5 Ways to Dramatically Heal Your Marriage

Do you still pay attention to your spouse's needs after all these years? (Photo by Hunters Race on Unsplash)

In this article, I want to take you down memory lane to when you were first courting your spouse.

Do you remember how you could intentionally set it up to see your love at work, a certain place or a campus? Do you remember how you familiarized yourself with their schedule so you could optimize moments with them?

Do you remember making it a priority for yourself to remember things that were important to them such as specific dates, people, and events? Do you remember planning a date for your spouse with such detail that you knew they'd have a good time? Do you remember buying a favorite coffee, tea, chocolate or flower that you knew they would love?

If you're nodding your head yes, yes, yes as I am asking you these questions, you were a lover. You were intentionally loving another with them in mind.

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The key word here and a fundamental characteristic is intentionality. A healthy and fit lover-spouse stays intentional over the decades of marriage. A less than fit lover-spouse gives themselves permission to forget what their spouse enjoys, what events or places are important to their lover and, honestly, it's more about themselves than being a lover to their spouse.

If you're strong in intentionality, you'll find being a lover-spouse very easy. In most cases, you're already being a pretty good lover-spouse. Intentionality is the spine of being a lover. When we commit to being intentional, we commit to a new path and a new future.

As a Christian, you've heard the prodigal son story (Luke 15:11-32) preached time and time again. However, I've never heard anyone really experience the power of intentionality in this story.

The story is straightforward. A boy takes his inheritance, moves to a far-off land and intentionally self-destructs through alcohol and sex. He goes broke.

Then he comes up with a plan of telling his dad he sinned, asking for forgiveness and hoping his dad will hire him on the ranch. However, when he hatched this plan he was in a far-off country. He had to intentionally and consistently walk daily for weeks or months to get back in his father's house.

Intentionality only works if you actually do it. Reading about it isn't doing it. Even planning to do it isn't doing it. Doing it is doing it. Now, if for whatever reason you are in the habit of not being an intentional lover toward your spouse, I'd follow the principles of the prodigal.

The first part of his plan was to go to his dad and take responsibility. I find as a couple if one or both of you have been irresponsible with being a lover, verbally repenting is very helpful. Unlike the prodigal son I wouldn't try to overcome years or decades of self-absorption, immaturity, inattentiveness, taking the other person for granted and not being there for them in one conversation.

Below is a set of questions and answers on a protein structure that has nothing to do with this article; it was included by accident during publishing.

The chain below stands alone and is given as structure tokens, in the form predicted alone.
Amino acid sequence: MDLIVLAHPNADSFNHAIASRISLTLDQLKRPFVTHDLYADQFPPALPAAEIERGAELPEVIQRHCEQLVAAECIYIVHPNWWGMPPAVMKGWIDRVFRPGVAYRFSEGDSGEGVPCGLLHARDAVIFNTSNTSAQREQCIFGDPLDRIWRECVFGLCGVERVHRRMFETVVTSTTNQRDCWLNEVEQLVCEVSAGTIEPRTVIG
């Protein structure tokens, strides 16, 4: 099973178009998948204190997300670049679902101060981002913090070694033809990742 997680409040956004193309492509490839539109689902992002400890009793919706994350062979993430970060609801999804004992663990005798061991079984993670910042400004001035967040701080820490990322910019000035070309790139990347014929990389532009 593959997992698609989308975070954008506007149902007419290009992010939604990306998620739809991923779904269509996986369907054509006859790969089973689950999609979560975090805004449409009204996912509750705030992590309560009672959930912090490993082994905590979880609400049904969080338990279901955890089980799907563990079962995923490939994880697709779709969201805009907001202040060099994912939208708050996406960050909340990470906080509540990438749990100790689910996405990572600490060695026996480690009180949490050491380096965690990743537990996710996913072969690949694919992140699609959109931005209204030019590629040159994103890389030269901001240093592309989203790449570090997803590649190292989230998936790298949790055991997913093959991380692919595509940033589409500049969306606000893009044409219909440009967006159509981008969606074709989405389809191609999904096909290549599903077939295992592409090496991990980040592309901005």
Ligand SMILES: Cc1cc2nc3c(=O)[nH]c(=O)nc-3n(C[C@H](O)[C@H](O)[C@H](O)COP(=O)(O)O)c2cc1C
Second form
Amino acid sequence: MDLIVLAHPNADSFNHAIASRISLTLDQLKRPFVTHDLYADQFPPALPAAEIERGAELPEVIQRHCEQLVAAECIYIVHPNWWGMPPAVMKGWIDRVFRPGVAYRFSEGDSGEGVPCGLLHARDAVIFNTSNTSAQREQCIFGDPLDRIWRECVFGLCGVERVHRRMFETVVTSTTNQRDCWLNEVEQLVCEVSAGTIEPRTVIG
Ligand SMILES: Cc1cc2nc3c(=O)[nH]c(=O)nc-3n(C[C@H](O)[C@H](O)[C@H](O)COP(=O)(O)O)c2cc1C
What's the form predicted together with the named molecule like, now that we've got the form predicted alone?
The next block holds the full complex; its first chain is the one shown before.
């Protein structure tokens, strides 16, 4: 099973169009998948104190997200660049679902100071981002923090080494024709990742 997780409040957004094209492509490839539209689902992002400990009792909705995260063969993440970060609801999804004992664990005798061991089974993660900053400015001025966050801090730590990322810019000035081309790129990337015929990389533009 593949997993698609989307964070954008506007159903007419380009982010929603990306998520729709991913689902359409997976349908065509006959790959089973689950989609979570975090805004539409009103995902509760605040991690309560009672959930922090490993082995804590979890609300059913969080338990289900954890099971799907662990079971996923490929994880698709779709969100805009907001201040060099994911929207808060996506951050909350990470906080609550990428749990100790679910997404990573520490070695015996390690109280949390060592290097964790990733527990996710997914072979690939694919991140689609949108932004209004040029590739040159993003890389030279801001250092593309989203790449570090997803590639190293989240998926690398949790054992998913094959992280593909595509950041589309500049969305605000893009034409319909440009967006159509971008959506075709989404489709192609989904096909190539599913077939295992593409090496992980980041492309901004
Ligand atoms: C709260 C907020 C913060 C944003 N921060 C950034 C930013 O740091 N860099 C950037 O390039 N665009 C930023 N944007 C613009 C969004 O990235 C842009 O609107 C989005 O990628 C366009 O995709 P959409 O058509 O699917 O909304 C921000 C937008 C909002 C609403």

You could begin to undo some of the damage by writing out the mistakes (sins you made in your relationship with your spouse) and go through this list with them. As you present your list, you could state, "I need you to forgive me for..." This list could comprise actual things you did, things you didn't do, didn't follow up on, needed to be reminded about repeatedly, attitudes or even just bad ideas.

Taking responsibility also gives you some ideas about creating a plan. You can see where things have to change, and things you need to do differently than before.

A couple suggestions I have from my couples work are:

—Write the plan up for yourself.

—Review the plan with your spouse to make sure it achieves what you hope it will.

—Make the goals achievable and measurable.

—You don't have to do it all in a week, but make goals you can do and sustain.

—Review your goals with someone of the same gender—a mentor, pastor or cell group leader. This kind of accountability always accelerates your success with such goals.

Taking these steps toward being an intentional lover to your spouse will dramatically increase the health of your marriage. This can be a very helpful exercise in recovering the intentionality in your marriage.

Doug Weiss, Ph.D., is a nationally known author, speaker and licensed psychologist. He is the executive director of Heart to Heart Counseling Center in Colorado Springs, Colorado, and the author of several books, including his newest title Lover Spouse. You may contact Dr. Weiss via his website, drdougweiss.com, on his Facebook, by phone at 719-278-3708 or through email at heart2heart@xc.org.

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